I want to make my classroom the best learning environment possible. Most of my posts on this site focus on lessons, assessments, or ideas on how to improve the learning environment inside my classroom. Improving our individual teaching craft is one of the easiest places (not to say it's necessarily easy) as a teacher to effect change.

However, as I've worked towards improving what happens in my classroom I've frequently run into obstacles. These obstacles were primarily exterior to my classroom. Sometimes they were school or district policies, sometimes national or state requirements, and sometimes they were the result of how we, as a culture, have historically structured this thing we call "school." Most of these policies and structures were created with good intentions in an attempt to improve our schools and our children's education.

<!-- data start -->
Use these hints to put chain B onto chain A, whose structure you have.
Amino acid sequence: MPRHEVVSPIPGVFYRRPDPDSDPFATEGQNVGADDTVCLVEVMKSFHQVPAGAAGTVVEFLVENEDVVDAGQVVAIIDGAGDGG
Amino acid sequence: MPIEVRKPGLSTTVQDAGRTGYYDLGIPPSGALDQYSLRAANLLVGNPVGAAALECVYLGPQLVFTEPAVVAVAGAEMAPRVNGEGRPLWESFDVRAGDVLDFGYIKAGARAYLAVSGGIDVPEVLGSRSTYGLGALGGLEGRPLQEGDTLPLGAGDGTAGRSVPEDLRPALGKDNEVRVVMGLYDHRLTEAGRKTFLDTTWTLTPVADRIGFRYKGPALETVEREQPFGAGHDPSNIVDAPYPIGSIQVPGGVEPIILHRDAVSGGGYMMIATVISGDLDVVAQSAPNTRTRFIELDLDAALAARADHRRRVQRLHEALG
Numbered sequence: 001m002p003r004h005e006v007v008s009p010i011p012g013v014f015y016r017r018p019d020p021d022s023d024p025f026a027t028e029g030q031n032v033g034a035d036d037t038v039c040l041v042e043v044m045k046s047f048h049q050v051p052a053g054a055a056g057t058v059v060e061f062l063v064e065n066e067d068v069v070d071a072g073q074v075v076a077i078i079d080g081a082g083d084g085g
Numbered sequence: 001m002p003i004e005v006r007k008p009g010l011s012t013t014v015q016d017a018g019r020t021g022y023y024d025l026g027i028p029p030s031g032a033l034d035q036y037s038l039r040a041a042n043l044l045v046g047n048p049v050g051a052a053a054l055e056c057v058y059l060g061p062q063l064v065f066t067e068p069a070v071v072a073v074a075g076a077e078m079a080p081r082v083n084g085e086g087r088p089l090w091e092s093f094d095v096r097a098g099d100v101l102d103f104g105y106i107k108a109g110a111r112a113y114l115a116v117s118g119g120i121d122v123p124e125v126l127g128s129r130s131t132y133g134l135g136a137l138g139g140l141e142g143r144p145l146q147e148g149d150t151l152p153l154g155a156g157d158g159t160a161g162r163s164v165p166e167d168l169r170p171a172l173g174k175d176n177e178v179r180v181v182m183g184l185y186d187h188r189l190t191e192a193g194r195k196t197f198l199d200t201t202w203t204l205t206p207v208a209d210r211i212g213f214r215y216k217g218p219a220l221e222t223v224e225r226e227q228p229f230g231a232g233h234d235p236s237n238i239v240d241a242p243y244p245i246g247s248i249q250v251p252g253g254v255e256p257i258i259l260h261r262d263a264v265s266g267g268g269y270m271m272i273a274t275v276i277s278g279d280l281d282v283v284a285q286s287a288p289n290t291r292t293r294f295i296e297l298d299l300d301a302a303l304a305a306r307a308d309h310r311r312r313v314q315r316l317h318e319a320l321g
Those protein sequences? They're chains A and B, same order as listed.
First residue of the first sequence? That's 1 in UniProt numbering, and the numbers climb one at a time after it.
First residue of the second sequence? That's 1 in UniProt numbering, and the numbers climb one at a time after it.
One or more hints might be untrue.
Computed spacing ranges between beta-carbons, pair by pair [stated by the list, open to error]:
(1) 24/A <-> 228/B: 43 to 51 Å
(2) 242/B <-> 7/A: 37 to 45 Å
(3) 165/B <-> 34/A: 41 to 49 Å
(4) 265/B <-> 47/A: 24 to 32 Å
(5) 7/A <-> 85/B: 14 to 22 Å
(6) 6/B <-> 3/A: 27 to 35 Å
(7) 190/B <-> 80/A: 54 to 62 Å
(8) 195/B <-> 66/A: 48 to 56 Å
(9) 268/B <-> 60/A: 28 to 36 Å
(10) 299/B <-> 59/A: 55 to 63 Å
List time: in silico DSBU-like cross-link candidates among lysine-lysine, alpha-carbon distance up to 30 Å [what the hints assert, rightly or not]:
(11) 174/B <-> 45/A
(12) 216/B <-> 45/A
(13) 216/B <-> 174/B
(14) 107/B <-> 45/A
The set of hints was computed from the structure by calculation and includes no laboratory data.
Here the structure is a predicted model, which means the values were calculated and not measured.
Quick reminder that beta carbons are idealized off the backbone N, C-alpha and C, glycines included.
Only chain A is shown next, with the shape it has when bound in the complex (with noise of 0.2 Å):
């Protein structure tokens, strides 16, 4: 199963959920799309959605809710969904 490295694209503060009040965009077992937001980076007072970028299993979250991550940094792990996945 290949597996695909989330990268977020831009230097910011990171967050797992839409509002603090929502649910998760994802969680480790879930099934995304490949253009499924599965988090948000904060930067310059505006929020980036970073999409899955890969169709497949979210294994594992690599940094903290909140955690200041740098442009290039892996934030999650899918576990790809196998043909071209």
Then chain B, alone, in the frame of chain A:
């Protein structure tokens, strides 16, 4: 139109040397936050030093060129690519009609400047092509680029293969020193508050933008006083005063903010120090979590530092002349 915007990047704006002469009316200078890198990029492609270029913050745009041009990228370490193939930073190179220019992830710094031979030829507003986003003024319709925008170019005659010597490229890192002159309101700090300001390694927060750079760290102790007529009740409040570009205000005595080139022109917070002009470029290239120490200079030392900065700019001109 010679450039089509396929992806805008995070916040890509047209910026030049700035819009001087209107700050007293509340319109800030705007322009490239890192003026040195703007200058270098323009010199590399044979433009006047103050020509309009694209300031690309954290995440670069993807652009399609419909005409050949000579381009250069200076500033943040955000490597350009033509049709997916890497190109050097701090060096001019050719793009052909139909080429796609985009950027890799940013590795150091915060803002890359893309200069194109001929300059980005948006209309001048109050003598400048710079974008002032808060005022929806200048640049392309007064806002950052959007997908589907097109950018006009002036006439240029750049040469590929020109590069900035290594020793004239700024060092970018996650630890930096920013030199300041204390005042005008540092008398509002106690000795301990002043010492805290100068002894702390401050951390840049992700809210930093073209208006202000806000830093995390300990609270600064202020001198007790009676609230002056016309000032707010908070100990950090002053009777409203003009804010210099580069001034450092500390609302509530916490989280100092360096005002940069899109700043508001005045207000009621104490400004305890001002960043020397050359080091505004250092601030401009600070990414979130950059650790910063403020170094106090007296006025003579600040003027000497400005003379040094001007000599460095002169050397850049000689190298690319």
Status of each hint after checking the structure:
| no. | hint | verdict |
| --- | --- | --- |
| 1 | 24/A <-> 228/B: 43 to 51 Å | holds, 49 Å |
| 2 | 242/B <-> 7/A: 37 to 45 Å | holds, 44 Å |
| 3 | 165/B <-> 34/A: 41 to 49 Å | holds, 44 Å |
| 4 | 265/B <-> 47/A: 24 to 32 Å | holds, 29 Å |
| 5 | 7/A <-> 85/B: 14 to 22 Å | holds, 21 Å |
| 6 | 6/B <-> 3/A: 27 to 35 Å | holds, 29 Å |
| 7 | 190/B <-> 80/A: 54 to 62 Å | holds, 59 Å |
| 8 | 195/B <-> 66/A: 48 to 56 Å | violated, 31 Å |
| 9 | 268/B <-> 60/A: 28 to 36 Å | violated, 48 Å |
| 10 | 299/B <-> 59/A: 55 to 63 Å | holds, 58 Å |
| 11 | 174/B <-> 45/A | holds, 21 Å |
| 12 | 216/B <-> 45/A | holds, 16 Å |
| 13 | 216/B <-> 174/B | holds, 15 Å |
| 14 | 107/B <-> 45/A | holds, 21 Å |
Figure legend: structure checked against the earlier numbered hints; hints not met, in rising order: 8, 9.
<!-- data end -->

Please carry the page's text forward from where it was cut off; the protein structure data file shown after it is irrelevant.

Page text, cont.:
Given my generally negative experiences with "traditional1" instructional models and structures, I've found myself more and more interested in systemic school reforms. How can we create modern schools and structures that leverage the advancements in technology and access to information to provide students with an education that prepares them to be active participants in our nation's democracy, economy, and society?

It was no surprise when an editorial in our local paper titled Major Restructuring Recommended for Schools caught my eye. In it, the author briefly describes the Connecticut Association of Public School Superintendents (CAPSS) new report, "Recommendations for Transformation," a list of recommendations to transform the state education system "so it is able to meet the needs of students in the future." Naturally, I downloaded, read, and critiqued the full 36 page report (here's the official download link [pdf file], here's a version with my commentary [pdf file]).